I like what one of the contractors told me about dealing with companies that are long on marketing and PR and short on delivering a quality product. When you are being shown a lot of bells and whistles, it often means the circus is coming to town and do you really want to have a circus running your project. There are too many quality contractors who are honest and good at what they do, and no they may not have the money to do large marketing campaigns or have the time to serve on Association Boards, my advice is to diligently search them out.
The sad thing about all of this is, all I wanted was for my mom to have the bathroom she wanted. Normally dad would have handled this, but the last years of his life were overtaken by dementia and this was the first time since his death that mom had felt like doing something for herself. She thought she had found a respected contractor. The problem is my mom was accustomed to dealing with businessmen like my father, who were painfully honest which made her ripe for being taken advantage of since she expected the same from these . Shame on you Baugher Design and Remodel, shame on you. I want an explanation and I want an apology to my mother. You took her money and you sat on it for months until she called you. Were there financial problems and this was your solution? Do you want me to post copies of the deposited checks that show the dates of when they were cashed. Shall I post copies of the Building Permit, with dates, etc. Do you think you are above the law? And most of all how can you go on the radio and ask other unsuspecting people to trust you or Baugher Design & Construction? How many other jobs have you done without pulling permits? Or is it just that you never expected someone to step in and look over your shoulder. Deceiving an 80-year-old widow or a homeowner who doesn’t understand construction is wrong, but to not even apply for a building permit until you were told to stop construction by the Shelby County, Alabama Office for Building Inspections and not to proceed until you had complied. I don’t get it. I don’t get why a company located in Vestavia, Alabama had to sign for the permit, when your business address shows a different location according to your web site and the actual contracts. I am tired of asking your employees for answers and seeing them dance around questions that really are quite simple to answer.
Robert, read the comments by the contractors who have responded here. In the overall scheme of business, it is companies like yours that give the industry a bad rap and hurt the guys who are out there busting it to just make a living and believe in quality workmanship. Is living large more important than doing a job the way it should be done? You beat your chest like you are a prestigious contractor, read your own web page, you are quite full of yourself it seems. Somewhere along the line I think maybe you lost sight about what being a reputable contractor should mean. Maybe it’s time to focus on your business and not on awards or radio shows. And whenever you can work an 80-year-old widow into your schedule maybe you should drop by and explain your actions to her, after all you are holding quite a bit of her money and she is not seeing any work being done. She deserves an answer first and to be honest, I think I can tell her it would not be a wise idea for her to hold her breath waiting on you to make this right.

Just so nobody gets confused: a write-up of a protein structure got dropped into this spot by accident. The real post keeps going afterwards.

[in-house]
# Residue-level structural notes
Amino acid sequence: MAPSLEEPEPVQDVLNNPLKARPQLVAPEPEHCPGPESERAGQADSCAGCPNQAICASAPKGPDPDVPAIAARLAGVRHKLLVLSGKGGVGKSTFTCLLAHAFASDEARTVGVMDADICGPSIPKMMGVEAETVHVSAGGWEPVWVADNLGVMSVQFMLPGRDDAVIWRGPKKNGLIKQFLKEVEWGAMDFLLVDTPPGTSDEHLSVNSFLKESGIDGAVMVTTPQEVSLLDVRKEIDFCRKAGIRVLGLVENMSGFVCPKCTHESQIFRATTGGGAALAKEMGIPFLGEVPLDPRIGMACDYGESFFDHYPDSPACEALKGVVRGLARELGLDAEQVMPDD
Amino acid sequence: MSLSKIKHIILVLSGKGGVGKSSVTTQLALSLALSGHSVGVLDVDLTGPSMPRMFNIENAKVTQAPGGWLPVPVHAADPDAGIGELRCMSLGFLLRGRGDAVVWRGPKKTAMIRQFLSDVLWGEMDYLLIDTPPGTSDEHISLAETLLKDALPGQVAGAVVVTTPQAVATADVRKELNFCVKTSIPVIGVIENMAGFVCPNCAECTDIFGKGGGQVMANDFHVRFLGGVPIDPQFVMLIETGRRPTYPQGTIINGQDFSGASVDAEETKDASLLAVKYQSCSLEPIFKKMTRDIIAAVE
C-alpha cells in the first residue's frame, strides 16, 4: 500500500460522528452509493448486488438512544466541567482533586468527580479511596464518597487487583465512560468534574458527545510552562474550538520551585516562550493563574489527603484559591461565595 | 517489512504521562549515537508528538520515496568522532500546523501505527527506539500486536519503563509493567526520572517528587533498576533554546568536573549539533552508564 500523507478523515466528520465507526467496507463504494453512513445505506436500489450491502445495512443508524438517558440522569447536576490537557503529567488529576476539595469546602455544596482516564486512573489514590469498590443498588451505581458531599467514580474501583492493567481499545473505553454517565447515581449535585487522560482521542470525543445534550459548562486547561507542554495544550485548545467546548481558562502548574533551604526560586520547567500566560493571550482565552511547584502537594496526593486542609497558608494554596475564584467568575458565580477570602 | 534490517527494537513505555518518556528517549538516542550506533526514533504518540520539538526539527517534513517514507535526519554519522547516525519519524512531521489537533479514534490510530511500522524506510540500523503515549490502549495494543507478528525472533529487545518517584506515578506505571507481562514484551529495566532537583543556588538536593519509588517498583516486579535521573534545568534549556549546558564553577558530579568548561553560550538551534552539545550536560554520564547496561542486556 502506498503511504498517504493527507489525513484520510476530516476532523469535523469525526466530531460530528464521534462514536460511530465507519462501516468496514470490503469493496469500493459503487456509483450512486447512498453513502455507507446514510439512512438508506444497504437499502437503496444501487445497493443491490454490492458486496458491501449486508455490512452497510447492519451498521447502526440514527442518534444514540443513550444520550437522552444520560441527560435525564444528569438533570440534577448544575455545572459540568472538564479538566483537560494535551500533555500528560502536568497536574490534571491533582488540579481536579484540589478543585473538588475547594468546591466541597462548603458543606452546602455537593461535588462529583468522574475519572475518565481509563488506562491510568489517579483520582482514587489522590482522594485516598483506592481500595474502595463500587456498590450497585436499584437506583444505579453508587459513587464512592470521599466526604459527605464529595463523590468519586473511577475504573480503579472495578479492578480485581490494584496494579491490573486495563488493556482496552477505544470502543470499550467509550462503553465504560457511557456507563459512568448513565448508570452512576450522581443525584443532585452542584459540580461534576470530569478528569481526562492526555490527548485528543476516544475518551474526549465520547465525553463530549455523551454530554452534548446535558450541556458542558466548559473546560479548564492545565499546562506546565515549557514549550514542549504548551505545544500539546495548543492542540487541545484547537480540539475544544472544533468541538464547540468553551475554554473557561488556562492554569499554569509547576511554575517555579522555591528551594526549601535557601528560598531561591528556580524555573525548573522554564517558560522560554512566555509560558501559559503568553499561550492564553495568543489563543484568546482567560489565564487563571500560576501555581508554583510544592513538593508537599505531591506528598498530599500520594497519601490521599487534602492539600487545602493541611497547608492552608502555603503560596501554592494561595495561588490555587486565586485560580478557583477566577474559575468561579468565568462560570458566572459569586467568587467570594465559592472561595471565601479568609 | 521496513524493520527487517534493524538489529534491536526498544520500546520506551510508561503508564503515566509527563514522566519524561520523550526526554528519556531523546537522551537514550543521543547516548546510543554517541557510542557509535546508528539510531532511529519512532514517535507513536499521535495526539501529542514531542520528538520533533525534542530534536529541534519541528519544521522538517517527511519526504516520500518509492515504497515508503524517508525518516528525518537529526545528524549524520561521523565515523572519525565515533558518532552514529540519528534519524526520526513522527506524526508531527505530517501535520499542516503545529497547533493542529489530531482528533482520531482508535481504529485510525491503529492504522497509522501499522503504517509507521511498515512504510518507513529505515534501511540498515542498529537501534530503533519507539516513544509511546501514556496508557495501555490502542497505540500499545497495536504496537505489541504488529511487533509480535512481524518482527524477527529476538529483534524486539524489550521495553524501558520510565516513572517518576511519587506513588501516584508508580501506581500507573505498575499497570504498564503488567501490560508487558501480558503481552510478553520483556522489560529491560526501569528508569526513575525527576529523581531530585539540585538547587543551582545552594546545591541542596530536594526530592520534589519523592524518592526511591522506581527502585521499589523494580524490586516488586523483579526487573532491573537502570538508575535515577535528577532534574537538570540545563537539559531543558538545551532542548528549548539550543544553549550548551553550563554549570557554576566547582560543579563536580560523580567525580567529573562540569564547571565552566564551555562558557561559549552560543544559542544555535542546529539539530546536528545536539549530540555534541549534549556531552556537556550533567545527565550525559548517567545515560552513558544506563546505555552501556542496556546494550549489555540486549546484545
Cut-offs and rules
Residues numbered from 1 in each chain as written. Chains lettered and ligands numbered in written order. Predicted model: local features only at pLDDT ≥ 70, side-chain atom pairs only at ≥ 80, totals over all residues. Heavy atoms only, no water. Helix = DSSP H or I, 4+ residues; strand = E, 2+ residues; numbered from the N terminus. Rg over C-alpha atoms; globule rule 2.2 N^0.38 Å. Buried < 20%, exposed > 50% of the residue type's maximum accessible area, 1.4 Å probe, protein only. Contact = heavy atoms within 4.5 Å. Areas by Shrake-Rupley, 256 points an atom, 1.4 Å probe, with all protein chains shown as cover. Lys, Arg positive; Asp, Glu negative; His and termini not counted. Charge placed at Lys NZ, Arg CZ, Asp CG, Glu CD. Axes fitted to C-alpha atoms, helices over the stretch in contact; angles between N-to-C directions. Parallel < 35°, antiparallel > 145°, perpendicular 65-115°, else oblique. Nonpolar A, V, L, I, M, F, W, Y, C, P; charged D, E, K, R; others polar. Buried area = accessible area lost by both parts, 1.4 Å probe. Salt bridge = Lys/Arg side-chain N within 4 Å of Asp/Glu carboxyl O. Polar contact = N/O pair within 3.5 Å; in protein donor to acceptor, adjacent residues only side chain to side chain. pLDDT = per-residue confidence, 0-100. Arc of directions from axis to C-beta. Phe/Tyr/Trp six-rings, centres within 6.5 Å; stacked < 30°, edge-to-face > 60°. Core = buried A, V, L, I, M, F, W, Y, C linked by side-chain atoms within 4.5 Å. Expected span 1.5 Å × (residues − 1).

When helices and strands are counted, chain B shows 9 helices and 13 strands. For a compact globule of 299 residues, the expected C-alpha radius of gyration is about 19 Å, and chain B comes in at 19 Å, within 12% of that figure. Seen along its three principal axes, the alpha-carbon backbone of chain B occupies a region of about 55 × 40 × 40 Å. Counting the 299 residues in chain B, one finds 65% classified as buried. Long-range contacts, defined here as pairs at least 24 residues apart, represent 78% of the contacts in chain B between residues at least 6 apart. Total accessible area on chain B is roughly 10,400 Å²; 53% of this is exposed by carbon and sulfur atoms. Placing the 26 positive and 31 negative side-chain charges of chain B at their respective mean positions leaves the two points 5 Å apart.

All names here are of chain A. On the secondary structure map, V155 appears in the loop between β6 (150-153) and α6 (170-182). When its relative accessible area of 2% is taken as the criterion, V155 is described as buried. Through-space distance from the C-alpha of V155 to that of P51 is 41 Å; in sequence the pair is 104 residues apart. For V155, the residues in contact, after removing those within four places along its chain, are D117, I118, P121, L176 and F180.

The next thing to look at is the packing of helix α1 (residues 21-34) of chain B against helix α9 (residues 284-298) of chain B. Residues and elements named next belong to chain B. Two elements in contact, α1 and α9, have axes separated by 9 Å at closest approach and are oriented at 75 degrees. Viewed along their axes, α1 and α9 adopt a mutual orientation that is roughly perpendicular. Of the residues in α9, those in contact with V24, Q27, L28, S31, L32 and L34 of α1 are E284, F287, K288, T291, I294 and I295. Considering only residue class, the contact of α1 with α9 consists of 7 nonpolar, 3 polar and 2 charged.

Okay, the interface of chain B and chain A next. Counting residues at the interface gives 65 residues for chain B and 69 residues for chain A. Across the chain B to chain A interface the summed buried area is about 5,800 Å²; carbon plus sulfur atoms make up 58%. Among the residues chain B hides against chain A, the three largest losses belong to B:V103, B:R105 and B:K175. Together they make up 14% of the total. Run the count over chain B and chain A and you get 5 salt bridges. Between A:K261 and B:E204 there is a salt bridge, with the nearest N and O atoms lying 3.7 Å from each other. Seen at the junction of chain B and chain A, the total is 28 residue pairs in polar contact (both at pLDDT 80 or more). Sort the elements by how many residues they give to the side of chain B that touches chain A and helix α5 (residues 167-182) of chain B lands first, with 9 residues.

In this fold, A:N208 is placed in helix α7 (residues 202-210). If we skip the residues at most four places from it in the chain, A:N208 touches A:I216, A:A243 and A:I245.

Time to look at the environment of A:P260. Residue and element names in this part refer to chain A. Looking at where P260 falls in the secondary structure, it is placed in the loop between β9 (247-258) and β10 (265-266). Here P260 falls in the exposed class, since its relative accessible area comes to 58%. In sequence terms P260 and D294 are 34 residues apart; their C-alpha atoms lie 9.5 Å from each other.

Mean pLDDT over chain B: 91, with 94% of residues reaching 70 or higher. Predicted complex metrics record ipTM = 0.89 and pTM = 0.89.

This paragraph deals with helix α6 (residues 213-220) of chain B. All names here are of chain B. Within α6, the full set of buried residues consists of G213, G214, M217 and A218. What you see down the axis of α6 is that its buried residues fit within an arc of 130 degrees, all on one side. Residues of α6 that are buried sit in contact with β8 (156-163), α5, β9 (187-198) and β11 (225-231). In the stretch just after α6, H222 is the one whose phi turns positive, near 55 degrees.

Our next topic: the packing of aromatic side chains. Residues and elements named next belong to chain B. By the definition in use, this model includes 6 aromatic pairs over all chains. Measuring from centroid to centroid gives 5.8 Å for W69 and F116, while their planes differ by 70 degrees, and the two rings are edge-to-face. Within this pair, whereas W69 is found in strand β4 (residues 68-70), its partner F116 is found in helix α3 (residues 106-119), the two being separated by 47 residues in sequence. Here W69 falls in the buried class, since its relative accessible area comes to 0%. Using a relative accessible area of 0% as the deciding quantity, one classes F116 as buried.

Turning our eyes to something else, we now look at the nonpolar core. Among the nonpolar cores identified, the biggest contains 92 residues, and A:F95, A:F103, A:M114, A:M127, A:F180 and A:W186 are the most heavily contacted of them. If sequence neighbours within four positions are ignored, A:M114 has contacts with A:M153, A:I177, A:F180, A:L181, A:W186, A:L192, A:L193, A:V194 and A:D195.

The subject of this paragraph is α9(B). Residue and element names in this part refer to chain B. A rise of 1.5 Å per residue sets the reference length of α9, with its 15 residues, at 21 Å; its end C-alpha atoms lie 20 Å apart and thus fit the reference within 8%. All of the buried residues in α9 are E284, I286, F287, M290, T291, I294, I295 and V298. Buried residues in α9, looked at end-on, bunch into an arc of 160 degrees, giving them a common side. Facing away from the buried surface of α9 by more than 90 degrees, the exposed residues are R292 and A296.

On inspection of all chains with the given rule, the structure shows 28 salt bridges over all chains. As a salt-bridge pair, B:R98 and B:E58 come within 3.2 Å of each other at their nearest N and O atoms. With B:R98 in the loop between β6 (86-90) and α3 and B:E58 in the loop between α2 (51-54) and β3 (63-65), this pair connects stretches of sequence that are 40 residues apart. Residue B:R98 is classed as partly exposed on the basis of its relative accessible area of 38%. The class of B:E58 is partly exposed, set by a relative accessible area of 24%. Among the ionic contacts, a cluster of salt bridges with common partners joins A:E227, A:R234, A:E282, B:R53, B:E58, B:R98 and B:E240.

Does the GBAHBR approve of its members, or should I say past presidents not having to get building permits for remodeling jobs. Or should I infer that your work would not meet code and therefore you did not want the inspectors from Shelby County, Alabama overseeing its quality. And by the way, when did code become the standard to aim for in remodeling? I thought code was the starting point, the bare minimum of meeting requirements. Did you think you couldn’t meet code requirements in Shelby County? God forbid you try this in let’s just say Mountain Brook, Alabama or any other suburb with codes more restrictive than the National Standard. I will give you a piece of advice, don’t try it because the inspectors won’t play nice, nor should they.
And for the BBB. Do you think that it will cover for you? I wouldn’t bet the house on it. A my word versus his word is one thing, but when you have a left a paper trail, well, things aren’t so easily swept under the rug then. Hmmmm what does that say on the first line of the first page of the contract, oh my we don’t waste time when we start telling lies, do we? Permits were only obtained after Baugher was told to cease work and Permits were obtained and inspections were approved.
If you want to listen to a contractor on the radio or on the web I have the names of quite a few that stand behind their work and are good people. E-mail me and I will give you their names. If you live in Birmingham, Alabama, well there is the internet and Mark Clement has a show and Mark does good work, Mark Marcley has Constructive Solutions on Monday nights and its broadcast on the web and I am sure there are many others.